Mazda says the 2016 MX-5 interior was designed around the driver with driver-centric ergonomics that will allow for “an even greater number of drivers to be able to experience the MX-5.”
It is no easy task designing a small interior. The space that allows for elbow, head and legroom, storage space, infotainment systems and multiple cup holders becomes a challenge in a droptop two-seater. I am 5’9” and fit easily in the MX-5, but so did friends that were six-foot tall. One of the issues with past generation MX-5s was that, if a driver had a long torso, his/her head would extend above the windshield. With my taller associates this was not an issue in the new model, which might come from the seat being lowered a bit from the past generation.
The leather-trimmed driver’s seat is a long way down, so sliding into it isn’t as simple as launching into a SUV or truck. There is some travel in the seat adjustment and it reclines a bit, but once
Everything in its place–just not always where you can use it
you find the closest position to being comfortable you can stop messing with the manual adjustments. I would have liked more bottom cushion padding (and there was no lumbar adjustment). These are not so important if you are driving your MX-5 short distances, but in my week in the car I drove not only on country roads, but 70+ mph for a seven-hour stretch, from NorCal to SoCal on Interstate 5. If you will be driving long distances on open freeways, then investing in aftermarket seat cushions is recommended.
The dash layout is simple and clean. Three round gauges were deep set under a hood to help reduce glare because, as you soon find out with the top down, everything is pretty bright. Mazda’s subtle reminder that performance is key in a MX-5 was the tachometer being center and largest of the three gauges. The HVAC round knobs were center-placed just above the gearshift lever, making for easy use.
So far so good until we get to the infotainment center, which is a freestanding seven-inch color touch-screen display erupting from the dashboard. Without volume and channel knobs on the dash, we found it cumbersome to make band and channel changes. It required multiple steps to control a single function. The need to use the center console-mounted selector knob diverts the driver’s eyes from the road. There are controls mounted on the leather-wrapped steering wheel, but they were limited in their functionality. Maybe in time it could become an easy operation that can be all done by touch, but after a week and more than a thousand miles, we did not get the hang of the system.
But, this is not to take away from the excellent nine-speaker (including one in each of the seat headrests) Bose sound system. The Bose delivers deep bass and crisp treble for the AM/FM/CD/MP3/AUX HD radio, two USB inputs, SiriusXM (four-month subscription), Aha, Pandora and Stitcher Internet radio integration. The Mazda Connect system includes navigation. About the CD player: in the very near future auto manufacturers will no longer include a CD player or even offer one as an option. In effect Mazda has gotten to this point by locating the CD slot behind the driver and passenger seats. The access is so awkward that I would be surprised if anyone ever uses it.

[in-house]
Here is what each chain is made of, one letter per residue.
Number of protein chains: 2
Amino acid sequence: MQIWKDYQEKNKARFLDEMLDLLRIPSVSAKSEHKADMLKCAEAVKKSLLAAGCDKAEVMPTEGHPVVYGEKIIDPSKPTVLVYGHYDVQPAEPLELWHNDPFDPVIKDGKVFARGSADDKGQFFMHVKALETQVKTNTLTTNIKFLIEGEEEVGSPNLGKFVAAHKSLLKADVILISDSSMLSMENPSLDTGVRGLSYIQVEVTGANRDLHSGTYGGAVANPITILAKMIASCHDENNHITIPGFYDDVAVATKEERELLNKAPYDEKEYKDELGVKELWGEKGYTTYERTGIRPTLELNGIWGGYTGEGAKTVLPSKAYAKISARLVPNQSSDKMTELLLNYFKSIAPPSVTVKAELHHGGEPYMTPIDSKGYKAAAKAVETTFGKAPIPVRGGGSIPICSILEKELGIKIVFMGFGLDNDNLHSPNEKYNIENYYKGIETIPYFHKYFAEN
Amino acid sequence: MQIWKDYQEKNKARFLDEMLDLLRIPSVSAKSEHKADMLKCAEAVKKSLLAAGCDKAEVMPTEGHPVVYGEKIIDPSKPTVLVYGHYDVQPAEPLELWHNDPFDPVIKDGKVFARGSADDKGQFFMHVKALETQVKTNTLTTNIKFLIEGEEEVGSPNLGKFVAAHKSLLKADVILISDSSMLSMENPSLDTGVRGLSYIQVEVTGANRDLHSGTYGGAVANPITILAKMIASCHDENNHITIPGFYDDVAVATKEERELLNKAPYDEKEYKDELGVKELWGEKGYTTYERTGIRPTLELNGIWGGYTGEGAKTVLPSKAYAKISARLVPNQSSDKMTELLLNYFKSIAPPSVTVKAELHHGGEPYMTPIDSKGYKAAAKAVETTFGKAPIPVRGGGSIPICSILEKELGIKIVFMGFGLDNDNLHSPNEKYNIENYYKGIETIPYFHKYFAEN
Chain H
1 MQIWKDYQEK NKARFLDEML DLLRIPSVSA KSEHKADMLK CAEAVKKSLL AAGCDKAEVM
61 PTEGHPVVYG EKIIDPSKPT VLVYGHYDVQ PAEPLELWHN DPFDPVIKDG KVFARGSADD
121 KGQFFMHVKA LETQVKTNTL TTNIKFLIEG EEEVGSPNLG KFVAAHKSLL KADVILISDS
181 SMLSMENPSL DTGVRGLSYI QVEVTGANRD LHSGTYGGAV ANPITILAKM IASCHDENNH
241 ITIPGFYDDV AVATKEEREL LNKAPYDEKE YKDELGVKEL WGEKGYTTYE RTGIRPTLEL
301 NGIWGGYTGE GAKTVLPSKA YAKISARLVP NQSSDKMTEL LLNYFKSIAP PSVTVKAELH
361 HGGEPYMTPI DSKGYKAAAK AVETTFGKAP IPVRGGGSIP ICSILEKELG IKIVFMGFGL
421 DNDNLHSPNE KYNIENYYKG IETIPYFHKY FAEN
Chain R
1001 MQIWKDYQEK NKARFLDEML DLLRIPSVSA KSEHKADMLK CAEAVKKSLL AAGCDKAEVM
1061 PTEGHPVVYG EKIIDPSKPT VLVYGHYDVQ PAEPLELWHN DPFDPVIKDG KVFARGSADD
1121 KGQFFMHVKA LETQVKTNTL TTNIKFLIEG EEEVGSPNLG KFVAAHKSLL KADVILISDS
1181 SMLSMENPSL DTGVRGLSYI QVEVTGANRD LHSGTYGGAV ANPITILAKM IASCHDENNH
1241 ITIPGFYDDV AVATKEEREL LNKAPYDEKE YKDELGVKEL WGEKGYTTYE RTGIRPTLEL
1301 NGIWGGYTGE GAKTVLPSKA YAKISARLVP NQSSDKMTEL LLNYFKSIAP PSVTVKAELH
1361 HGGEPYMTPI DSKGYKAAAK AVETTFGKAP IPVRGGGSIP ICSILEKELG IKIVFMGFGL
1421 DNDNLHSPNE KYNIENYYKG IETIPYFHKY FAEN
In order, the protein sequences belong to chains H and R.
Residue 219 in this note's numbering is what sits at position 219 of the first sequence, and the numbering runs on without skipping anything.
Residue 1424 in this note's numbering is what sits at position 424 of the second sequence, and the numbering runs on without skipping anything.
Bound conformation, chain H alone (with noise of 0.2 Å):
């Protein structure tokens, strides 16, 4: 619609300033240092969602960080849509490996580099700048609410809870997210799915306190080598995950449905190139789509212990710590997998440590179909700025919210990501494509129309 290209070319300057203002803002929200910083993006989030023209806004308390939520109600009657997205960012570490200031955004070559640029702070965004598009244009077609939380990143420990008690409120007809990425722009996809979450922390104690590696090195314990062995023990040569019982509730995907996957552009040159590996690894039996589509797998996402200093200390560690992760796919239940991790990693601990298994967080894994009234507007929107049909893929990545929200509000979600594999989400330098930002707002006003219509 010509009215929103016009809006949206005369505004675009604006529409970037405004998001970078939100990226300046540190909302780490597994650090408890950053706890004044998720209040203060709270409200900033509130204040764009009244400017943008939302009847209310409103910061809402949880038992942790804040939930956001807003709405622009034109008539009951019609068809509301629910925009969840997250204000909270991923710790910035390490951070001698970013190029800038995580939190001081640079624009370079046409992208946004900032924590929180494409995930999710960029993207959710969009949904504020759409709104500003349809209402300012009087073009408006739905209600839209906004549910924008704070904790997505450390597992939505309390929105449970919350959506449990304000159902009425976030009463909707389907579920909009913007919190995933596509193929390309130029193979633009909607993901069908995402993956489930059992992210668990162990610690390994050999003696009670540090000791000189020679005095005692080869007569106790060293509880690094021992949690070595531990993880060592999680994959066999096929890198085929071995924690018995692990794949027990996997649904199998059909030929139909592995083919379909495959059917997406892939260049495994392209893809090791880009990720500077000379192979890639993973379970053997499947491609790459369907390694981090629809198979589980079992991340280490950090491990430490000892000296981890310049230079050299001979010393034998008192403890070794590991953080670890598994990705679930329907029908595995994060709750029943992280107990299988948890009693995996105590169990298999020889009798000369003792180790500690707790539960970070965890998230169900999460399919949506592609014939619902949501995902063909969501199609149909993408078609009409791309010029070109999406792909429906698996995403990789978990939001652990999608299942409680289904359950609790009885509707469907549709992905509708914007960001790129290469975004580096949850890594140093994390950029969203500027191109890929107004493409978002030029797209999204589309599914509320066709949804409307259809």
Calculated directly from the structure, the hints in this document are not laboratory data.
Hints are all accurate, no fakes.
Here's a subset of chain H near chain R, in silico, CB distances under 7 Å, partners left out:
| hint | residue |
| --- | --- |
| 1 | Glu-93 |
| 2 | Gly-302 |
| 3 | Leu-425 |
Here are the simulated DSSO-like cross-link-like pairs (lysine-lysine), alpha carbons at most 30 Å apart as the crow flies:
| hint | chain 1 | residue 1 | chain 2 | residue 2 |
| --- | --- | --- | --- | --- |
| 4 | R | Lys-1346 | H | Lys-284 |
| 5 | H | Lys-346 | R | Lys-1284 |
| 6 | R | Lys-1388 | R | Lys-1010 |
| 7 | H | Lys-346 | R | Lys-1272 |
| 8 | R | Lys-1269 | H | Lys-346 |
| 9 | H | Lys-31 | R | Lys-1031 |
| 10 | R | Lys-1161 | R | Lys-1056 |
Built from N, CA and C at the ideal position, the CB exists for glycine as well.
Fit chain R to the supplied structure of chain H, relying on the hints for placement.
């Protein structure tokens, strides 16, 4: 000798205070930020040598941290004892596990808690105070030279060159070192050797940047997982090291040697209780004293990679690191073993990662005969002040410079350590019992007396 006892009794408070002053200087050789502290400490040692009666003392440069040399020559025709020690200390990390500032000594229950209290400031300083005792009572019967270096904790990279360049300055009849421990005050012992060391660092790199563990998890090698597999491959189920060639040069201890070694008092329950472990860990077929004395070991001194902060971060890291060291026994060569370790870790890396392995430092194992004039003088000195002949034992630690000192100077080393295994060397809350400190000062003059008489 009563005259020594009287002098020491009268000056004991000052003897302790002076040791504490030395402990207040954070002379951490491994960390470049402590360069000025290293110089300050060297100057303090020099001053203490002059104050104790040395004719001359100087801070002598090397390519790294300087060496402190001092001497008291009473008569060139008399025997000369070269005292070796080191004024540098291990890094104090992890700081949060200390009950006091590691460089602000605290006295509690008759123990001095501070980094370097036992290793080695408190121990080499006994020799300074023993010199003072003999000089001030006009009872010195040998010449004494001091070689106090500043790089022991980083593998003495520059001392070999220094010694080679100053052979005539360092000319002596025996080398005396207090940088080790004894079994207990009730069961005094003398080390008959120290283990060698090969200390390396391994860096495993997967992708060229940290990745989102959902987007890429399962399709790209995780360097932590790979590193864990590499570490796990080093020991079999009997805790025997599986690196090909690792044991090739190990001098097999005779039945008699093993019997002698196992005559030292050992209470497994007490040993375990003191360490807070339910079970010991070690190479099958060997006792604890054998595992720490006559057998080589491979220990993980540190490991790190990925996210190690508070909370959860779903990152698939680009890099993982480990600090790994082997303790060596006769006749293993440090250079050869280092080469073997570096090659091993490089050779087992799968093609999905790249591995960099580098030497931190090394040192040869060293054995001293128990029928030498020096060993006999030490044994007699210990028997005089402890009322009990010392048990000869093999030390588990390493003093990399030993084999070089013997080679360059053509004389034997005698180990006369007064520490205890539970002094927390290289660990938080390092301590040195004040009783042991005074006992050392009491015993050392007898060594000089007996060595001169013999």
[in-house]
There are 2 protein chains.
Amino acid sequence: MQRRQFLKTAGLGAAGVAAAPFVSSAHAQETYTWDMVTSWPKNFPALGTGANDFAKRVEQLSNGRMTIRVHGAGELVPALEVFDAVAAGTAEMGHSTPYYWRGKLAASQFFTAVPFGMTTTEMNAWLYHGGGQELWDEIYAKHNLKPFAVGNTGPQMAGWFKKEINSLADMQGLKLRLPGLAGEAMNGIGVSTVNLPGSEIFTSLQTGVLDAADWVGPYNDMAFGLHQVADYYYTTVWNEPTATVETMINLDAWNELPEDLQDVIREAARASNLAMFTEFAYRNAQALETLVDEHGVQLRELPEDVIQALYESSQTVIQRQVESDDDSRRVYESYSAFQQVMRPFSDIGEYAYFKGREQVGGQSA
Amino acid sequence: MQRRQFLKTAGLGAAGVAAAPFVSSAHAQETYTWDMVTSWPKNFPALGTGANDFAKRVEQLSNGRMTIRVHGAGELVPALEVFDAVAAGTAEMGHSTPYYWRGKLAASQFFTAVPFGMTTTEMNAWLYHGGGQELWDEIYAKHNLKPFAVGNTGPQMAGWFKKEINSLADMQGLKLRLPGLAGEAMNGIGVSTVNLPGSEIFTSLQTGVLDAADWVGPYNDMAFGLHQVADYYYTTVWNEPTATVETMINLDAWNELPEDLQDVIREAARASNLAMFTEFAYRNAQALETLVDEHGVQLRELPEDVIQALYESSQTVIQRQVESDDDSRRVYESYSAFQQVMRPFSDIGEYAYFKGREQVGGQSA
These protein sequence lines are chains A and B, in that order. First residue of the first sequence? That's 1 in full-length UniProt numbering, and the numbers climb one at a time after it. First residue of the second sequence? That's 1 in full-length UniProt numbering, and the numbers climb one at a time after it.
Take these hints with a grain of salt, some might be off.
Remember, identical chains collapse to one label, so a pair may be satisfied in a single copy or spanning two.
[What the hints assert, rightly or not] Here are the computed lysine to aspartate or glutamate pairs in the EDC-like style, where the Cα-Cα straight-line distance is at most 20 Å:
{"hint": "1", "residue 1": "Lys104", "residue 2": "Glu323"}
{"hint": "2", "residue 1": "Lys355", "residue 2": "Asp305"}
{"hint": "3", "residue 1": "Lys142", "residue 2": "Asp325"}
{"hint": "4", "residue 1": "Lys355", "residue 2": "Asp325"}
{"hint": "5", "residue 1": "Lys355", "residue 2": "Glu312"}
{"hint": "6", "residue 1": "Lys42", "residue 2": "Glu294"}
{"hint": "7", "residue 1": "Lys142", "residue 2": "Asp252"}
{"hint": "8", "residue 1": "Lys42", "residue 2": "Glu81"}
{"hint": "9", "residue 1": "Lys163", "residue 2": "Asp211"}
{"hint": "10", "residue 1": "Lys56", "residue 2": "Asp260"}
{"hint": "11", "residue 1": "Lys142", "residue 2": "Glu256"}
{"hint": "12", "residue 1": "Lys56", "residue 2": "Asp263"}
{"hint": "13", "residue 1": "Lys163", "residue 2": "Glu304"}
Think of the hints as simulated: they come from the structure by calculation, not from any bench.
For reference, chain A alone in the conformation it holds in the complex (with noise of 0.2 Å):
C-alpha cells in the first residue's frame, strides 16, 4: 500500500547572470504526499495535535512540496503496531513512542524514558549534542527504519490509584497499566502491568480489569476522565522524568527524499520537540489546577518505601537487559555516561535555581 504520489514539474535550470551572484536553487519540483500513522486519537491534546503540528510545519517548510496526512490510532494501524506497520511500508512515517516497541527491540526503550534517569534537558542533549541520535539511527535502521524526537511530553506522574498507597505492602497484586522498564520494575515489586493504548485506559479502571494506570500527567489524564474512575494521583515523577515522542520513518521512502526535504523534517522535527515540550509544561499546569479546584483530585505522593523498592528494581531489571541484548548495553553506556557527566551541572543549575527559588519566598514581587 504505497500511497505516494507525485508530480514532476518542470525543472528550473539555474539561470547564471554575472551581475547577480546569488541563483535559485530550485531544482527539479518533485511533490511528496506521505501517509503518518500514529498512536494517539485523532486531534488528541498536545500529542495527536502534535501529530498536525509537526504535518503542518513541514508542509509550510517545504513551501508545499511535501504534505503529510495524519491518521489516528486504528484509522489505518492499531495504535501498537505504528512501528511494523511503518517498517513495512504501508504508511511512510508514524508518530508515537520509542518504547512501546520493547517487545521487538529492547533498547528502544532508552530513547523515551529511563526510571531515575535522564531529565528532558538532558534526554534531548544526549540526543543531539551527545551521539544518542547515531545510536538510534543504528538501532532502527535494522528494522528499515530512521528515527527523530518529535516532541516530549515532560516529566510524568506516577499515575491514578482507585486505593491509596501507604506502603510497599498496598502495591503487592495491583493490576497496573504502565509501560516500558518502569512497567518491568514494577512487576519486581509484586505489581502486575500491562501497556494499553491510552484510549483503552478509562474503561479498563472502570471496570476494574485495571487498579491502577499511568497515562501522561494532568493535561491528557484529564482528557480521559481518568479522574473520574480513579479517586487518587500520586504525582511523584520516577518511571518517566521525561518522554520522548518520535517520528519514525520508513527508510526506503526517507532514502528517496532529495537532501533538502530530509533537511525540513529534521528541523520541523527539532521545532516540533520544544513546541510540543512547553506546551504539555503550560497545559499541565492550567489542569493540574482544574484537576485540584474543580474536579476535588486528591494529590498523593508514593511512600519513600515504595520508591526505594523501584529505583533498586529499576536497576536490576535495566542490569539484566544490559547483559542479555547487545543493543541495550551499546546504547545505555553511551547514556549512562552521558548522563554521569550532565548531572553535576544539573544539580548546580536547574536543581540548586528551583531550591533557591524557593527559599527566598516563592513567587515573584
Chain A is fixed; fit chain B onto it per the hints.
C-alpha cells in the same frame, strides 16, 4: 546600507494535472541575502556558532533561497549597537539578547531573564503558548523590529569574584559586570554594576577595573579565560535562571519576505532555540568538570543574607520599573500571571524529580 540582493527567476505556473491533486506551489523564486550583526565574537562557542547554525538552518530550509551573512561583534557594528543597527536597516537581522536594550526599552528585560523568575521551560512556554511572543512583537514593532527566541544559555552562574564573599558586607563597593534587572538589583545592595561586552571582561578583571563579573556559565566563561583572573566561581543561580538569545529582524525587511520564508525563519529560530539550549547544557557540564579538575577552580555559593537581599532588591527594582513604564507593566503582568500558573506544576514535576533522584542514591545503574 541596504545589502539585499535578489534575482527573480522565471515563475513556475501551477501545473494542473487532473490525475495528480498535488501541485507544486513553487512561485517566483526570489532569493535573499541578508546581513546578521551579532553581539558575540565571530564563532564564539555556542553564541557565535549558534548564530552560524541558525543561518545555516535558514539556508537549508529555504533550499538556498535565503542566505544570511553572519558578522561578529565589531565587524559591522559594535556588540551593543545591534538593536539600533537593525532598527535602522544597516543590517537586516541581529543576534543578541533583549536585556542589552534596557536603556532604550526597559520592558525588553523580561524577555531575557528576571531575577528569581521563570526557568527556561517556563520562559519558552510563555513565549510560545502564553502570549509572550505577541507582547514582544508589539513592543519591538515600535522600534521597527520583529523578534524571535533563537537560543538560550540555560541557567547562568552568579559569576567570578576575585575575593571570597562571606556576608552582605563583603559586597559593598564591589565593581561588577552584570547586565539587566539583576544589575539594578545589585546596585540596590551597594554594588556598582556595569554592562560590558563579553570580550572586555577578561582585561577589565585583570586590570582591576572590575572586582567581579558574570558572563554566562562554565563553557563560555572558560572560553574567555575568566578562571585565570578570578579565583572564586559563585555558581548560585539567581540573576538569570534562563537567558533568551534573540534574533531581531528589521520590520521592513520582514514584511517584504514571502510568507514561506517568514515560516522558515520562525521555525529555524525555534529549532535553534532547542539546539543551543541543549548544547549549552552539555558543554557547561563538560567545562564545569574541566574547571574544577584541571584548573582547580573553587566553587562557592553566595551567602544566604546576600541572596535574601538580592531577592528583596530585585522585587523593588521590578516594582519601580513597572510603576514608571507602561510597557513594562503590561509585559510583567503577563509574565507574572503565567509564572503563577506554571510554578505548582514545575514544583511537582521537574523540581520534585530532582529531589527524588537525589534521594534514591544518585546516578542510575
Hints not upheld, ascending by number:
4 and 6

To finish up with odd placements of curious design—obviously borne by limited space—were the cup holders that were found in a cubby and needed to be inserted into slots – one on the right side of the transmission tunnel for the passenger, and two back where the CD slot is located. The passenger cup holder worked okay even though it took away some leg room, but I didn’t even attempt to use the cup holder placed behind the driver seat. My solution was to set a drink cup on the floor and lay it against the seat and door panel. Easy access and it never got in the way.
Room enough for the getaway necessities
Mazda has obviously worked hard keeping wind and noise from inside the cabin. With the cloth top lowered—which is a very simple one-person, three-latch process—and the windows up, there is little to no wind hitting or swirling around the driver and passenger. While driving 70 mph on the freeway I received an incoming call, which I took using the Bluetooth hands-free feature accessed by the steering wheel mounted controls. Taking a call at this speed with an open top was an experiment, as I was positive the caller would hear nothing but a roar and not my voice. To my surprise not only was the call crystal clear with no wind noise, but the caller said it was as good quality of a call they could remember being on. Also of note is that the caller’s voice was sent through the speakers in the seat headrests, which kept me from thinking I had to shout. So, three cheers to Mazda’s sound engineers for a great job on reducing interior noise levels.